private static double Min(double d1, double d2, double d3)
        {
            if (d1 < d2)
            {
                return Math.Min(d1, d3);
            }
            return Math.Min(d2, d3);
        }
        internal struct RGB
        {
            internal double R;
            internal double G;
            internal double B;
        }
        internal struct HSB
        {
            internal double H;
            internal double S;
            internal double B;
        }
    }
}

Get working code from my GitHub repository (POCs).

XAML|C# Step By Step : UserControl – Wait Spinner

Waiting by moonux, on Flickr
Waiting, a photo by moonux on Flickr.

Something is cooking in the background? Do not forget to inform your user. A modern, flat, light weight, wait spinner is an animated and prominent way to inform user about running background processes (you would not have long running processes on the UI thread, right? See how to effectively free up UI). You would choose to show this control in that area of the screen to which the information, related to which the BG work is taking place – loading/processing etc, belongs. You may have multiple information points on screen for which background work is running.

For this step-by-step we will create this example:

A practical example of implementation of this spinner is this panorama app there are two wait spinners being used, one in Quick Stopwatch pano, and other in Recent pano. When data related to Quick stopwatch is loading, the wait spinner shows beside the title “Quick”, and when data related to Recent is loading, the wait spinner shows near the pano title “Recent”. This way user is informed about which section of the app is doing something in the background.

WaitSpinnerExample

Don’t have this app on your Windows Phone? Visit here

Let’s go through step-by-step of creating a WaitSpinner UserControl and using it in a page.

Step 1 : Create Solution and Project

  1. Create a project in VS with the name “WaitSpinner”. The solution gets created automatically.
  2. Right click on the solution in Solution Explorer, and choose “Add”>”New Project”.
  3. Select Class Library type project and name it “XAMLControls”.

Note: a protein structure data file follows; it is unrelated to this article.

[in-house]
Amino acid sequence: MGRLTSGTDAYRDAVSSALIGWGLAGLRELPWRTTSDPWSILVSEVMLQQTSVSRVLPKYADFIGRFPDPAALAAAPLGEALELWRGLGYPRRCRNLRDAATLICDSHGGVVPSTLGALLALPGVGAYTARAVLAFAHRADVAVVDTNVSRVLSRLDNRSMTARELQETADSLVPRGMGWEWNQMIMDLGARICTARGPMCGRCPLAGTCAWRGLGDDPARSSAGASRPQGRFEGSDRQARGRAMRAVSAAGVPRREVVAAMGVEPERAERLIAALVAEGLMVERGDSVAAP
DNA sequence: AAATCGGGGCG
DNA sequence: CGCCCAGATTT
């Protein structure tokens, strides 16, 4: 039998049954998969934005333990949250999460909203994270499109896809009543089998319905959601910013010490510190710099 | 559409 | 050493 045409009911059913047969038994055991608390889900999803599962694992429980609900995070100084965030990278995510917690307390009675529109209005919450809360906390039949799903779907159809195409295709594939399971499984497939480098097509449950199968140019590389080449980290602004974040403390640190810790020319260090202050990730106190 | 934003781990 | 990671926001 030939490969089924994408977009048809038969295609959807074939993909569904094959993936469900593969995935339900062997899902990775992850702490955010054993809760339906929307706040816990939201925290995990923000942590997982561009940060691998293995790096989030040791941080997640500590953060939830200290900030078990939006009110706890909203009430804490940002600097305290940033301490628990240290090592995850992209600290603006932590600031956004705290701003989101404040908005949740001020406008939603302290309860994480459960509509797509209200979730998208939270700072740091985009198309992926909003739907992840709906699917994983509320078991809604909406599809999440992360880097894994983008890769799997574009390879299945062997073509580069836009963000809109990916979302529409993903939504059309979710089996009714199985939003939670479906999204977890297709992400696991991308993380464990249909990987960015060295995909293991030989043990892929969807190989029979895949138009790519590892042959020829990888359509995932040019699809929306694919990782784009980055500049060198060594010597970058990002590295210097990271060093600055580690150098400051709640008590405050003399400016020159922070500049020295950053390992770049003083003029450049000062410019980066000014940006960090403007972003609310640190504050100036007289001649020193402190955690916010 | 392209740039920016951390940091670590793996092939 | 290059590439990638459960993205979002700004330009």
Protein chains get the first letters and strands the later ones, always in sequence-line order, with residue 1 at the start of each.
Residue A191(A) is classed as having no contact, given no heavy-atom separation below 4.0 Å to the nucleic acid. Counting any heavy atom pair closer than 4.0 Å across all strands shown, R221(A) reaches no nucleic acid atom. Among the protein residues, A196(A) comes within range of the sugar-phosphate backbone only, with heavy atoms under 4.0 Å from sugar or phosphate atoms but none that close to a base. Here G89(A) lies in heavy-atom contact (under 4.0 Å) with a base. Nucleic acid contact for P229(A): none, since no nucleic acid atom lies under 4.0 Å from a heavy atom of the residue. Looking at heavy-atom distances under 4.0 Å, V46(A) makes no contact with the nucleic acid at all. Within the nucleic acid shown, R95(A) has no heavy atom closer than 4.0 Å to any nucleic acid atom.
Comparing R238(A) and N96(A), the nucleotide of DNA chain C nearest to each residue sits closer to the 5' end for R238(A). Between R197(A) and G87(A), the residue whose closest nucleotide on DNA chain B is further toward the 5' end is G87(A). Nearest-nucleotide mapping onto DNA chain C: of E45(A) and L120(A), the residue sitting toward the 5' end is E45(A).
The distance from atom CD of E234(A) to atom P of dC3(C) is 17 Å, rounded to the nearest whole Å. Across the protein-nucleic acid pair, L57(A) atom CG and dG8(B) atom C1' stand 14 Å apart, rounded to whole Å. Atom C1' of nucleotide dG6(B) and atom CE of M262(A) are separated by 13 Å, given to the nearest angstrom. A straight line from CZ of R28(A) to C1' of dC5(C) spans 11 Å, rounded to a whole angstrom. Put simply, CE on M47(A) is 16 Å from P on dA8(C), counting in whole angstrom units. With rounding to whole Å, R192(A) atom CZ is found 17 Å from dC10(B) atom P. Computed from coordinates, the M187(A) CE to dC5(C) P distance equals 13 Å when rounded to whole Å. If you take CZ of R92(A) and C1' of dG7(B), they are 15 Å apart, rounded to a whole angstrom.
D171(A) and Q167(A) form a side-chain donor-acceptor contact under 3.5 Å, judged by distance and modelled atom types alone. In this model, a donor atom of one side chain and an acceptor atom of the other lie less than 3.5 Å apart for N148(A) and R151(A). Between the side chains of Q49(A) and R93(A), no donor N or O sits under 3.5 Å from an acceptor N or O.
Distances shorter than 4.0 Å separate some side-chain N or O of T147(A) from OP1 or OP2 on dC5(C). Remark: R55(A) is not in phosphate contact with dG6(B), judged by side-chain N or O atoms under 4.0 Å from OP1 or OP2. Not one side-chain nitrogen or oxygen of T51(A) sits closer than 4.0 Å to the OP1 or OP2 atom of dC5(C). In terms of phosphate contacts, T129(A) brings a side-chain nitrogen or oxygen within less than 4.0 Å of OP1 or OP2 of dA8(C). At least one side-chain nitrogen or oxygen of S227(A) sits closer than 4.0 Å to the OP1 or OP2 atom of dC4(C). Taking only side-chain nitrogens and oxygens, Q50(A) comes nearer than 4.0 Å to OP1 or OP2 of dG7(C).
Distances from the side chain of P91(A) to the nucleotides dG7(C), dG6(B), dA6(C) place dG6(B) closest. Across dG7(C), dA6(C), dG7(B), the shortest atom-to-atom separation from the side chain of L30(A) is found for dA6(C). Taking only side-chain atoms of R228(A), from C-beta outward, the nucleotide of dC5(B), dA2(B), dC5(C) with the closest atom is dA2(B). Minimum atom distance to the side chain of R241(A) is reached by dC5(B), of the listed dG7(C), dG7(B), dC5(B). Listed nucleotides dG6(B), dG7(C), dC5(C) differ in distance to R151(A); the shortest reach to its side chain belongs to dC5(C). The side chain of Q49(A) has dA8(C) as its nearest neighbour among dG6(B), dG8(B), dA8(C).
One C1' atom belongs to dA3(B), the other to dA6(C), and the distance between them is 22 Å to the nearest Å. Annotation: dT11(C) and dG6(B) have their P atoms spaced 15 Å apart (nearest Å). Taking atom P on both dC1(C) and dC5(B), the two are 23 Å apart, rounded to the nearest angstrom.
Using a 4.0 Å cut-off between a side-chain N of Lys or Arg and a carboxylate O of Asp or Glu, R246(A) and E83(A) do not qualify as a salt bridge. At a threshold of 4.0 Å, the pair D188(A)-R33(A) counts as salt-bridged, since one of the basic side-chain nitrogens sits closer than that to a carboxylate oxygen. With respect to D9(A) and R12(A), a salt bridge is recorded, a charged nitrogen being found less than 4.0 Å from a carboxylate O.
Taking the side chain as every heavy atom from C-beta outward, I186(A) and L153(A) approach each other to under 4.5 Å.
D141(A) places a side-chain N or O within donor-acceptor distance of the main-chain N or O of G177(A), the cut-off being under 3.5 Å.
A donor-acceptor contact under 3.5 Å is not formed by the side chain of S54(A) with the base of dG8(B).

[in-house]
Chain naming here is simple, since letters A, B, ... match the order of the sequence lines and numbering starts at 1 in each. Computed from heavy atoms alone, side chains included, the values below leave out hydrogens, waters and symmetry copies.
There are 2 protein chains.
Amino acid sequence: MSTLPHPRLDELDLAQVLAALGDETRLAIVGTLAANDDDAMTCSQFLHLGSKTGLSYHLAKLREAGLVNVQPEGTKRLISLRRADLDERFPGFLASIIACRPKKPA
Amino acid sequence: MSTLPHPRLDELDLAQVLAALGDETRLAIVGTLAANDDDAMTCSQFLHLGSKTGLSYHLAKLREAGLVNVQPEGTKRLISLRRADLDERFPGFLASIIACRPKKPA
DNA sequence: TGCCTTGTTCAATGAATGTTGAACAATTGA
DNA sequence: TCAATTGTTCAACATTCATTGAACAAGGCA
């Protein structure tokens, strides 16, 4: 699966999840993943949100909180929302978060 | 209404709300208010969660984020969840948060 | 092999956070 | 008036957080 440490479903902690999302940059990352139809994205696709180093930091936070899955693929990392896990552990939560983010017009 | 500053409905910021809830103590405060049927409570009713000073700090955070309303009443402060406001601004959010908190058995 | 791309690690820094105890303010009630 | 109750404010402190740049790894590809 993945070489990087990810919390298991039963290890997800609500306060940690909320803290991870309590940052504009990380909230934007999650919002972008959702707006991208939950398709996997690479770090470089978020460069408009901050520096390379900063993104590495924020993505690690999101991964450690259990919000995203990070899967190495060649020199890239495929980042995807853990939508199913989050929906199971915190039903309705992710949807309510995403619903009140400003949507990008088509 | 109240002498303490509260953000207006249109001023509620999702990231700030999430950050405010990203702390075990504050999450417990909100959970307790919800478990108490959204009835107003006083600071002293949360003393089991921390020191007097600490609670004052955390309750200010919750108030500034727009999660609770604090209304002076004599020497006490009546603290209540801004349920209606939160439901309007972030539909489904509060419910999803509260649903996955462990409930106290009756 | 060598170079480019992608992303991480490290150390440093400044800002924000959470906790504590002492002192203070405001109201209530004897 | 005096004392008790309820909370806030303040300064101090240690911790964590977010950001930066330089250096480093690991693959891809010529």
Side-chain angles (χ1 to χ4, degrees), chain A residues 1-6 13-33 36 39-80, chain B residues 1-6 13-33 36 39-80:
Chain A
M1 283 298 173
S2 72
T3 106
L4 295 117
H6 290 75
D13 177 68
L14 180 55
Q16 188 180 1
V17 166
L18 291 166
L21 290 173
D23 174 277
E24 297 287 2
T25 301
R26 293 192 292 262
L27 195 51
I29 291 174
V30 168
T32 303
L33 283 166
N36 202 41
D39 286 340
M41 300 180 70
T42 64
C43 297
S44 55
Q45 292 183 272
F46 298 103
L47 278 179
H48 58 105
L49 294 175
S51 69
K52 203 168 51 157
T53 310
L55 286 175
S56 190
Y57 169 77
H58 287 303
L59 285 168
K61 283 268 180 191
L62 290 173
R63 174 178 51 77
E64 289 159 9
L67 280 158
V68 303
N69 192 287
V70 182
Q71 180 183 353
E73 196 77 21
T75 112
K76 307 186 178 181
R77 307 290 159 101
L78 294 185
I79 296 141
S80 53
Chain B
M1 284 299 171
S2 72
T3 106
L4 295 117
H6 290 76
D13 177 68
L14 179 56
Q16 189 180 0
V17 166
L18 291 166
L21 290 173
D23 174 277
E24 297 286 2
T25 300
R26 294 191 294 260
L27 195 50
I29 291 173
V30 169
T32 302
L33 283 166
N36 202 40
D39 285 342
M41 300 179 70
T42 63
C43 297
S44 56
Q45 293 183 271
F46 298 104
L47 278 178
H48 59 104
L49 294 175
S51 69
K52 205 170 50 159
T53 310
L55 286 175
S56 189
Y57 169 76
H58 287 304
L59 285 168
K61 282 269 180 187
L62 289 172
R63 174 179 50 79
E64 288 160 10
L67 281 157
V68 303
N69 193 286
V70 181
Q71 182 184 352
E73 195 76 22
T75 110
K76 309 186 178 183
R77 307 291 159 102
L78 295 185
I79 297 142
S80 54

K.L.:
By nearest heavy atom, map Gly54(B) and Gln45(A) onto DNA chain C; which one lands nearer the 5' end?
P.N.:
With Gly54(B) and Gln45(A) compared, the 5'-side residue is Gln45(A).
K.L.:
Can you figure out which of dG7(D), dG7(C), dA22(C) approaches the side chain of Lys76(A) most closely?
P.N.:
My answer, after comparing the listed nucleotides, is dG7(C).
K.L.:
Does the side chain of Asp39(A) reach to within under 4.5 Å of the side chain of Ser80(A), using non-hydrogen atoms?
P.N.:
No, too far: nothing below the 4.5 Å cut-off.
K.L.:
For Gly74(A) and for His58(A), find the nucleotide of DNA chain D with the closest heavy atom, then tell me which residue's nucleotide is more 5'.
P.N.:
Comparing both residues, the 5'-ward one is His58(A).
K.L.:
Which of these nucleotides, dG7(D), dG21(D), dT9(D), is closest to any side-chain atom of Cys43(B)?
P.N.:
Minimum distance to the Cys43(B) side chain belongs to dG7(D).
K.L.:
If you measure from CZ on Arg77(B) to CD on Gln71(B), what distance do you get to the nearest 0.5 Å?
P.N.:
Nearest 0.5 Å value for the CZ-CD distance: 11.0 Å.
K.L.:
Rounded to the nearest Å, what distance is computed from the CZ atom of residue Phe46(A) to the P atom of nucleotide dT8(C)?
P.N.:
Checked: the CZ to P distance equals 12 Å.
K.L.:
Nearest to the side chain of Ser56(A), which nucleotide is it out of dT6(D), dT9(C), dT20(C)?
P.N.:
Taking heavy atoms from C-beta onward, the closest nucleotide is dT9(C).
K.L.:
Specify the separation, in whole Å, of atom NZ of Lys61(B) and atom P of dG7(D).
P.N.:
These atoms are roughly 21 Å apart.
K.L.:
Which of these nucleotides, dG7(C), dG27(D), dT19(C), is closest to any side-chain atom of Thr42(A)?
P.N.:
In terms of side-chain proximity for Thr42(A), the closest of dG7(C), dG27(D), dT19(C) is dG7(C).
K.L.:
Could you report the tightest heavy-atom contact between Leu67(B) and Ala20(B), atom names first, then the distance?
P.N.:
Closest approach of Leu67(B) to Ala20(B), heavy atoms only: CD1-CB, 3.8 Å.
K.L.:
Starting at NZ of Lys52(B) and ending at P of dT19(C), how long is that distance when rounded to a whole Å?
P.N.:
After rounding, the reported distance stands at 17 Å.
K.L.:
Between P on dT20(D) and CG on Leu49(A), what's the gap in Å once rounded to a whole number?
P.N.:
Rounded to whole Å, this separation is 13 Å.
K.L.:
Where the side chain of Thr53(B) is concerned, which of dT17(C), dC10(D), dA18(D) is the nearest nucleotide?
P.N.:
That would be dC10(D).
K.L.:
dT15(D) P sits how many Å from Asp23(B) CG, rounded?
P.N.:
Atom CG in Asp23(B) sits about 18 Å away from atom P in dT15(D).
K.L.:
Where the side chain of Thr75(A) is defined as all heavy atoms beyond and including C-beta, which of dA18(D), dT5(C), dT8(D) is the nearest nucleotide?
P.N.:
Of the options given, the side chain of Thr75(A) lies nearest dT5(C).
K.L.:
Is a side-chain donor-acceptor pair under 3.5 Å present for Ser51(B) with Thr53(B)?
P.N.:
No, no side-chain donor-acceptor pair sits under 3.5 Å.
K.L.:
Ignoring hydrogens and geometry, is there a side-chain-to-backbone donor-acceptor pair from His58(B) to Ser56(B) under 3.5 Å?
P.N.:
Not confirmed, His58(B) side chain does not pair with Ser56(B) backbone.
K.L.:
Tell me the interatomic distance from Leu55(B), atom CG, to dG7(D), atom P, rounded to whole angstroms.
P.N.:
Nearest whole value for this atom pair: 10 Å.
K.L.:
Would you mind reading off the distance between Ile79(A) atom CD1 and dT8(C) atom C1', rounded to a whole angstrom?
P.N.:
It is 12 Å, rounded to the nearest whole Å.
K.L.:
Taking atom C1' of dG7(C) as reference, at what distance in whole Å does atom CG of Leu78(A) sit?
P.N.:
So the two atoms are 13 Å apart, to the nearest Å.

Step 2 : Create UserControl

  1. Right click on XAMLControls and select “Add”>”New item”.
  2. Choose User Control and name it “UCWaitSpinner”.
  3. A new UCWaitSpinner.xaml and its code behind is created.

Step 3 : Open in Blend

Right click on UCWaitSpinner.xaml and choose to open in Blend. Depending on the version of Visual Studio the view you get might be a little different, but most of the UI will be similar. You will get something like this:
01_OpenUCInBlend

Step 4 : Change the type of Layout control

Change the type of Layout from Grid to ViewBox.
02_ChangeLayoutType

Step 5 : Add a new Grid to Layout ViewBox

  1. Choose Grid from control and right click and drag in XAML design view area.
  2. Update Layout properties; Height and Width to 50, HorizontalAlignment and VerticalAlignment to Stretch.

03_AddGridToLayoutRoot

Step 6 : Add Outer border

  1. Choose Ellipse tool from Toolbox and create a circle in the design area. Don’t worry about size and fill at this point.
  2. Make sure Ellipse is selected.
  3. In Properties.Brushes;
    • Set Fill to “No Brush”.
    • Set Stroke to “PhoneForegroundBrush”.
  4. In Layout section;
    • Set HorizontalAlignment to stretch.
    • Set VerticalAlignment to stretch.
    • Set all margins to 0.

04_CreateACircle

Step 7 : Add axis for hands

  1. Choose Ellipse tool from Toolbox again and create a circle in the middle of XAML design. Don’t bother about size at this point.
  2. Make sure this ellipse is selected.
  3. In Properties.Brushes;
    • Set Fill to “PhoneForegroundBrush”.
    • Set Stroke to “No Brush”.
  4. In Layout section;
    • Set Width and Height to 5.
    • Set HorizontalAlignment to center.
    • Set VerticalAlignment to center.
    • Set all margins to 0.

05_CreateAxisForHands

Step 8 : Add minute and hour hands

  1. Choose Rectangle tool from Toolbox and create a rectangle in the design area. Don’t worry about size and placement at this point.
  2. Rename the [Rectangle] to “MinuteHand”.
  3. Make sure you have MinuteHand selected.
  4. In Properties.Brushes;
    • Set Fill to “PhoneForegroundBrush”.
    • Set Stroke to “No Brush”.
  5. In Layout section;
    • Set Width to 2 and Height to 20.
    • Set HorizontalAlignment to Center.
    • Set VerticalAlignment to Bottom.
    • Set Bottom margin to 25 and all others to 0.
  6. In Properties.Transform;
    • Select Center Point tab.
    • Set X to 0.5.
    • Set Y to 1.
  7. Copy and paste “MinuteHand” control and name it “HourHand”. Keep everything same and change only the Properties.Layout.Height to 13.

06_CreateMinuteHand

Step 9 : Create Storyboard for moving hands

  1. In Objects and Timeline, click on “+” sign to add a new storyboard.
  2. Name the storyboard as “MoveHands”.

07_CreateStoryBoard

Step 10 : Create animation for minute hand

  1. In timeline window slide the marker to 3 second.
  2. Select MinuteHand control.
  3. In Properties.Transform select Rotate tab and set Angle property to 1440.

07b_CreateStoryBoard

Step 11 : Create animation for hour hand

  1. Select HourHand control.
  2. In Properties.Transform select Rotate tab and set Angle property to 360.
  3. c. In timeline windows click on play button to see hands are rotating properly (Hour hand completes 1 rotation and minute hand completes 4 rotations in 3 seconds).

07c_CreateStoryBoard

Step 11B : Follow me on Twitter 😀